Nearly 30 years ago, the term “environmental refugee” came into regular use, and today’s incarnation – the “climate change refugee” – continues to provoke popular and political interest. Using the term “environmental/climate refugee” to describe people who move for environmental reasons (e.g. drought, flooding, pollution, natural disasters) has, however, sparked numerous debates. The disputes are partially related to the fact that the legal definition of a refugee does not include protection for people displaced by the environment. In addition, it can be difficult to disentangle environmental from other motivations for migration, such as economic and political ones. Continue reading
Humanity is approaching an historic transformation. Towards the end of the 21st century the world’s population will very possibly begin to decline in number, and East Asia is in the vanguard (Figure 1). This is being achieved in nearly all countries not via coercion, but voluntarily, as female emancipation and education, urbanisation, and economic development spread across the world, lifestyles and life choices change, and medical knowledge and technologies advance.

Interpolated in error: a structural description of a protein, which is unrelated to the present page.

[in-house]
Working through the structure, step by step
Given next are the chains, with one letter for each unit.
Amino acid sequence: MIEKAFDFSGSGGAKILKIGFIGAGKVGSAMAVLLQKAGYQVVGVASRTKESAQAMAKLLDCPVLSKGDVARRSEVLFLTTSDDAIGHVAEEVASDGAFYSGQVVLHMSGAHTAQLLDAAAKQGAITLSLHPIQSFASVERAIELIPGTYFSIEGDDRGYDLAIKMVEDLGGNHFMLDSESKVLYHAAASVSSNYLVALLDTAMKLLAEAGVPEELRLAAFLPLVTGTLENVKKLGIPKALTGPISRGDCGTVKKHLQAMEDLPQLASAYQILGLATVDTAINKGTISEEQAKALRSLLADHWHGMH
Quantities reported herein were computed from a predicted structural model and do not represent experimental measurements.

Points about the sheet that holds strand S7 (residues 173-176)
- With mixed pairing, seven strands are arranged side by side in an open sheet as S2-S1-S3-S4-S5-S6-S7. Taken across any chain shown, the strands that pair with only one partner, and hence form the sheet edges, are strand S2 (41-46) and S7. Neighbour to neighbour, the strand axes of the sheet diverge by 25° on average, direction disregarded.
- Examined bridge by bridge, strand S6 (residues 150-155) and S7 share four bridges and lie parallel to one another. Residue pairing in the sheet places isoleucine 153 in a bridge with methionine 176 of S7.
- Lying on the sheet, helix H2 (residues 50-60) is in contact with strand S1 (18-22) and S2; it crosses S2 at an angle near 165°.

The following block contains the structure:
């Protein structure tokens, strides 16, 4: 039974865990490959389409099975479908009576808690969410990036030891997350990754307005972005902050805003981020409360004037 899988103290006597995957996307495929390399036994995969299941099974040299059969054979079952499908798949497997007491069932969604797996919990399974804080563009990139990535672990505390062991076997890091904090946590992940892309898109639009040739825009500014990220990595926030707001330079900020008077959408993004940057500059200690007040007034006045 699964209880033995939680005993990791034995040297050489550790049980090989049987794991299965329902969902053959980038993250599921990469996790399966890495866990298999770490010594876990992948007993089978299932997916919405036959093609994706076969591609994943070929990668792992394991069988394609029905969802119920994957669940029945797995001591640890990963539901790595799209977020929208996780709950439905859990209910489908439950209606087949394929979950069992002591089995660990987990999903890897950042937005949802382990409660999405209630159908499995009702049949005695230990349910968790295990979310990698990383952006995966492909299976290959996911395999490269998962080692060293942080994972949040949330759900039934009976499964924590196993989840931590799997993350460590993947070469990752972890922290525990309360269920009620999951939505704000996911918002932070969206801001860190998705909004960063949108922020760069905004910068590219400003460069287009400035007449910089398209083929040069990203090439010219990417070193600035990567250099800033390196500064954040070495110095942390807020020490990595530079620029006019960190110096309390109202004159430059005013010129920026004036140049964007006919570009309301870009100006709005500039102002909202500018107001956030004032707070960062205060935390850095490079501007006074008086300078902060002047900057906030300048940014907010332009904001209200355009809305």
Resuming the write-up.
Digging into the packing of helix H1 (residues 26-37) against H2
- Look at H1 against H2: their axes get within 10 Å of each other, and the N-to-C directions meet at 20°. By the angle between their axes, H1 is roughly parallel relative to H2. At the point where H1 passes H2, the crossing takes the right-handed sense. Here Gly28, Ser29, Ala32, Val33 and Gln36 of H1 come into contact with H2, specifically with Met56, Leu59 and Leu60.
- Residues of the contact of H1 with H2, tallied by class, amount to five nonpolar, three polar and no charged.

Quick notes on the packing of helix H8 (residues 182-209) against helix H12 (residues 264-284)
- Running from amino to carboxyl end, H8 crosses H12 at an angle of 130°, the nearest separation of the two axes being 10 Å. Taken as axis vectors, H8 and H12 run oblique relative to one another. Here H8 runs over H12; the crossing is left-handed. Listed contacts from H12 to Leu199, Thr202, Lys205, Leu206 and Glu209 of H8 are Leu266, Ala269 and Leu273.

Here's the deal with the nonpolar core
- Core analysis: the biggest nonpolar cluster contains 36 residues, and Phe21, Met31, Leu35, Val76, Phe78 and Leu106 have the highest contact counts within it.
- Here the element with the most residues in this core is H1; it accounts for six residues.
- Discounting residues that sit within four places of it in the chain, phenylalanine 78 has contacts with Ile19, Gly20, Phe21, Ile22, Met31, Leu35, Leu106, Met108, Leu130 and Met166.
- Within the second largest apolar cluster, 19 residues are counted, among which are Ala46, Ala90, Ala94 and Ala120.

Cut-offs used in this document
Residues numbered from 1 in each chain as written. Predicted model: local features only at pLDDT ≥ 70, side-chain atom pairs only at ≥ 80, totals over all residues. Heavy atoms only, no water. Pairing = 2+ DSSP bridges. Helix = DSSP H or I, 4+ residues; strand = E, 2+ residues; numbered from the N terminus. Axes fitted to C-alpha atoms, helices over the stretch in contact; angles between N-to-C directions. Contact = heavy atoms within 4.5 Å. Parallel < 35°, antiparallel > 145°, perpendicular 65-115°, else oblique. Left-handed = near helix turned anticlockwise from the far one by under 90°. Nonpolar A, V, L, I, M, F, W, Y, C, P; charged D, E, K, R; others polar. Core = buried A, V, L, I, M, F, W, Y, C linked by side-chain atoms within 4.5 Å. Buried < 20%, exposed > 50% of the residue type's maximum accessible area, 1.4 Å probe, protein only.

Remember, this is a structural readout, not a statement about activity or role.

Observing contemporary demography trends one might be forgiven for thinking that no previous times have been as radical and fast changing as ours. Demographers have noted with amazement the pace of Iran’s fertility decline in recent years, and we are witnessing unprecedented population ageing and are advised to prepare for radical changes in the welfare states of “old” Europe. When looking to a more distant European past we may find no less amazing societal and demographic changes.